The effects of climate change also serve to encourage and strengthen armed groups, which use charitable branches to conduct relief efforts in the absence of the state. Jamaat al-Dawa, which is part of the Lashkar-e-Taiba terrorist group, did just that for years. Tehreek-e-Labaik, a new hard-line religious party Calls for the death penalty for blasphemy suspects and has They staged violent protestsshe has Accommodation Flood relief centers in recent days. In Pakistan, climate-induced disasters help extremists gain more public goodwill.

The US intelligence community is aware of the stability risks at play. In 2021, the National Intelligence Council specified Pakistan as one of 11 countries — neighbors India and Afghanistan were also — “have a significant interest in climate change,” and said that “resilience building” was likely to be “particularly useful in mitigating future risks to US interests.”

Take a long look at climate aid

The need at the moment is immediate relief, and the international community is using newly established humanitarian air bridges to transport food, blankets and essential household items. Health and sanitation emergencies are also major concerns, particularly waterborne diseases and maternal health needs. Washington is well positioned to help on this front. Recently Launched A new health dialogue with Islamabad, which could serve as a critical node for health collaboration.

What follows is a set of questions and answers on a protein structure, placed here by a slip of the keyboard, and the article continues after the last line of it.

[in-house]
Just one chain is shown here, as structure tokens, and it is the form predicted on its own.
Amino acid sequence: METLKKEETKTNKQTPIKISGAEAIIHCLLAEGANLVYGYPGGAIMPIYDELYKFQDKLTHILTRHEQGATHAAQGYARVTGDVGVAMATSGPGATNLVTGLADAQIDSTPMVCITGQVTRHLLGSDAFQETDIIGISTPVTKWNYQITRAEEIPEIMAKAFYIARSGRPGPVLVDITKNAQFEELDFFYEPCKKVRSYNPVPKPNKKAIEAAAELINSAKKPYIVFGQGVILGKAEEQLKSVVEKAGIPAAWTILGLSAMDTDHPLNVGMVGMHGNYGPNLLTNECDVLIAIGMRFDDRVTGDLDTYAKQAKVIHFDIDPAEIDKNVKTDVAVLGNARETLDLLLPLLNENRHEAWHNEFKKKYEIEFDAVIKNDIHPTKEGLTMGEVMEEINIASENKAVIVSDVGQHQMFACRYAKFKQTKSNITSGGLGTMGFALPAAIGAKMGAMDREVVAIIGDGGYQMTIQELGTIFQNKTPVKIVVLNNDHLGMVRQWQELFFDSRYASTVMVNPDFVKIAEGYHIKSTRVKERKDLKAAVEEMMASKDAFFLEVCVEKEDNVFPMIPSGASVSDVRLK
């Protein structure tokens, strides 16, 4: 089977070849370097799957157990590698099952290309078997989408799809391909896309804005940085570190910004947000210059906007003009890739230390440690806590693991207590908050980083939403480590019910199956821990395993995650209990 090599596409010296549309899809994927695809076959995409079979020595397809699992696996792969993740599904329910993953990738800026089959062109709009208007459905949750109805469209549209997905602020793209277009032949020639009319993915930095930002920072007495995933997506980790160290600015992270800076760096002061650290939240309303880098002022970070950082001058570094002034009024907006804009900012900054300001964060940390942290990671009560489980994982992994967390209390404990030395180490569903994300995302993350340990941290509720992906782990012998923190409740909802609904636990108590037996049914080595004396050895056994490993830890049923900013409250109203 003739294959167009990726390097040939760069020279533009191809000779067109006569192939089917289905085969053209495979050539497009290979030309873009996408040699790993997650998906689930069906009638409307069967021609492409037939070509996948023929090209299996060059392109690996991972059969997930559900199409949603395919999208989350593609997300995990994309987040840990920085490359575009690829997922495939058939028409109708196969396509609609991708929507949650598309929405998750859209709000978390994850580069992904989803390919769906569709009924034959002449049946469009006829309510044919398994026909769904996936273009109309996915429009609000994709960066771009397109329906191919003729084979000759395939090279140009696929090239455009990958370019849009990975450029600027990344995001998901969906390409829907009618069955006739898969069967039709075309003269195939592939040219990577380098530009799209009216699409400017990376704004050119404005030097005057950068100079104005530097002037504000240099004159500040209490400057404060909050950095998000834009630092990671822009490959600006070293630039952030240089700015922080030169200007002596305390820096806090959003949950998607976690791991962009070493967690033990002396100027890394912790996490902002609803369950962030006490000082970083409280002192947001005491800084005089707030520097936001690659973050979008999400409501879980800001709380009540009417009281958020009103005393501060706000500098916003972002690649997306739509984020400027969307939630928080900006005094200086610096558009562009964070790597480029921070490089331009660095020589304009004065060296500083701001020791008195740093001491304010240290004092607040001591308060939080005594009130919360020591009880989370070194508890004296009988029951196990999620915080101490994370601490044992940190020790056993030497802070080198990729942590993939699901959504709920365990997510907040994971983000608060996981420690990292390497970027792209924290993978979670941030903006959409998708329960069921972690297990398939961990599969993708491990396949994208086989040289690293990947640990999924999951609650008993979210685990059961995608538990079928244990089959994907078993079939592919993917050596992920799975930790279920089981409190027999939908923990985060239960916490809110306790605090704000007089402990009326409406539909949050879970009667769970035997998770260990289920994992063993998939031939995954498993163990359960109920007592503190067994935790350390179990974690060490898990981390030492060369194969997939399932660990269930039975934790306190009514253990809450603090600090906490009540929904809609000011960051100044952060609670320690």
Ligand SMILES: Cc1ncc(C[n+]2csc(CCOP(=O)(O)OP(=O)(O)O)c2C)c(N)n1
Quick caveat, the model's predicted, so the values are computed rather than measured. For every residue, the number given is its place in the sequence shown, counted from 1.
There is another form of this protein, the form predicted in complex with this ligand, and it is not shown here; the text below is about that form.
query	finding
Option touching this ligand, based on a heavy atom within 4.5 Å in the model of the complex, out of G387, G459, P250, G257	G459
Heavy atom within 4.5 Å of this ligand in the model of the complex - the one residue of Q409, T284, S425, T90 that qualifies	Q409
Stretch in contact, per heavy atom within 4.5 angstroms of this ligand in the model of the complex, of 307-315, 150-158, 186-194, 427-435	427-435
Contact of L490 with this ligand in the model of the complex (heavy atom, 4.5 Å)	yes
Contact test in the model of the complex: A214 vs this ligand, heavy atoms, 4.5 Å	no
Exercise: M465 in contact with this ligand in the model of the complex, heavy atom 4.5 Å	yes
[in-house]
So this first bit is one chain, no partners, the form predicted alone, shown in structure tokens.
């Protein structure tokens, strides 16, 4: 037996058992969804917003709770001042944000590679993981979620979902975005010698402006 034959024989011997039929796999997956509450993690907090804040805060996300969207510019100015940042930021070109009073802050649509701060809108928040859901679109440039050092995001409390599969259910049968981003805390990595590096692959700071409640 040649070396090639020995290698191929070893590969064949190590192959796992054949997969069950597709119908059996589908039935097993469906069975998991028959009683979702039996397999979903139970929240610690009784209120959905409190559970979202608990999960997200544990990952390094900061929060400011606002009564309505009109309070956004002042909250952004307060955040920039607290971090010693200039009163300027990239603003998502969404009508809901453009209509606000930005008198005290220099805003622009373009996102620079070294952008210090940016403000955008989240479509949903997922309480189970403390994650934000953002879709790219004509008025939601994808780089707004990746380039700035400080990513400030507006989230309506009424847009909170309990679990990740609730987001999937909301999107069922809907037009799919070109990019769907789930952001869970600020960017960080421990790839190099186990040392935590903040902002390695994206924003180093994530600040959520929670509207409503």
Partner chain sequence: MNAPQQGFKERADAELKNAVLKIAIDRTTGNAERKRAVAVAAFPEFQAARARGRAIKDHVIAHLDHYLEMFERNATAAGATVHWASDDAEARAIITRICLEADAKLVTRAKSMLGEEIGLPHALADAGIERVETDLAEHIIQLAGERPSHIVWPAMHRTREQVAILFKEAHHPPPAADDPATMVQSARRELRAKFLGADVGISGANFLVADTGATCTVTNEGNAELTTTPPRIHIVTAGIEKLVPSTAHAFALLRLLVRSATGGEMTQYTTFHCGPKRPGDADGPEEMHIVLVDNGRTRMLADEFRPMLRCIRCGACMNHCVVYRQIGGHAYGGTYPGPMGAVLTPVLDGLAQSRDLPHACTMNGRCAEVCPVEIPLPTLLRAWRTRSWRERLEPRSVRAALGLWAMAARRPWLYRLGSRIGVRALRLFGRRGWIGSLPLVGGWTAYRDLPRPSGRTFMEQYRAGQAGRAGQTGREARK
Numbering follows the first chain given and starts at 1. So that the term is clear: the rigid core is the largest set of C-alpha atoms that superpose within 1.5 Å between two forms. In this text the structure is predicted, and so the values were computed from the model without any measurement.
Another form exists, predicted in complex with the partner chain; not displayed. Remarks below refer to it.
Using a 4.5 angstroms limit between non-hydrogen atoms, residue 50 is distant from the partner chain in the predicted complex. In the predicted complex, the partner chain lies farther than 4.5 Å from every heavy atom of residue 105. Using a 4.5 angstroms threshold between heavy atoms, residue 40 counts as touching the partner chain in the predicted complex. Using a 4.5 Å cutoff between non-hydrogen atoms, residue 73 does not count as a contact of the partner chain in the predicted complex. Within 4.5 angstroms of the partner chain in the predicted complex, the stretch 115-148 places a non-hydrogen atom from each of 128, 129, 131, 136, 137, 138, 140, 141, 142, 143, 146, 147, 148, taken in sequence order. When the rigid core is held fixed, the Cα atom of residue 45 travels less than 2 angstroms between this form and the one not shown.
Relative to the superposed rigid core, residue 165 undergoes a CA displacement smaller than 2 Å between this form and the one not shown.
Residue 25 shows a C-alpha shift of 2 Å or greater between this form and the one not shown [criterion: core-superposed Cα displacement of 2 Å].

However, it is important that the international community does not back down once the immediate relief and recovery phase is over and the cameras are turned off.

It could make valuable investments in helping Pakistan develop stronger river dams, more resilient building materials, upgraded water infrastructure, and flood risk management systems. There are some precedents for such support in the broader South Asian region. British government a program Helping develop early warning systems for climate-vulnerable communities in the region, the World Bank and the Red Cross have provided technology and scientific support for natural disaster risk management programs. Another world bank Initiative Provides technical and analytical assistance to operationalize flood forecasting in the Ganges Basin, one of the world’s largest river systems (it flows from the Himalayas south through India and empties into the Bay of Bengal). Initiatives like this are a start, but they must be scaled up, and more focused on Pakistan specifically.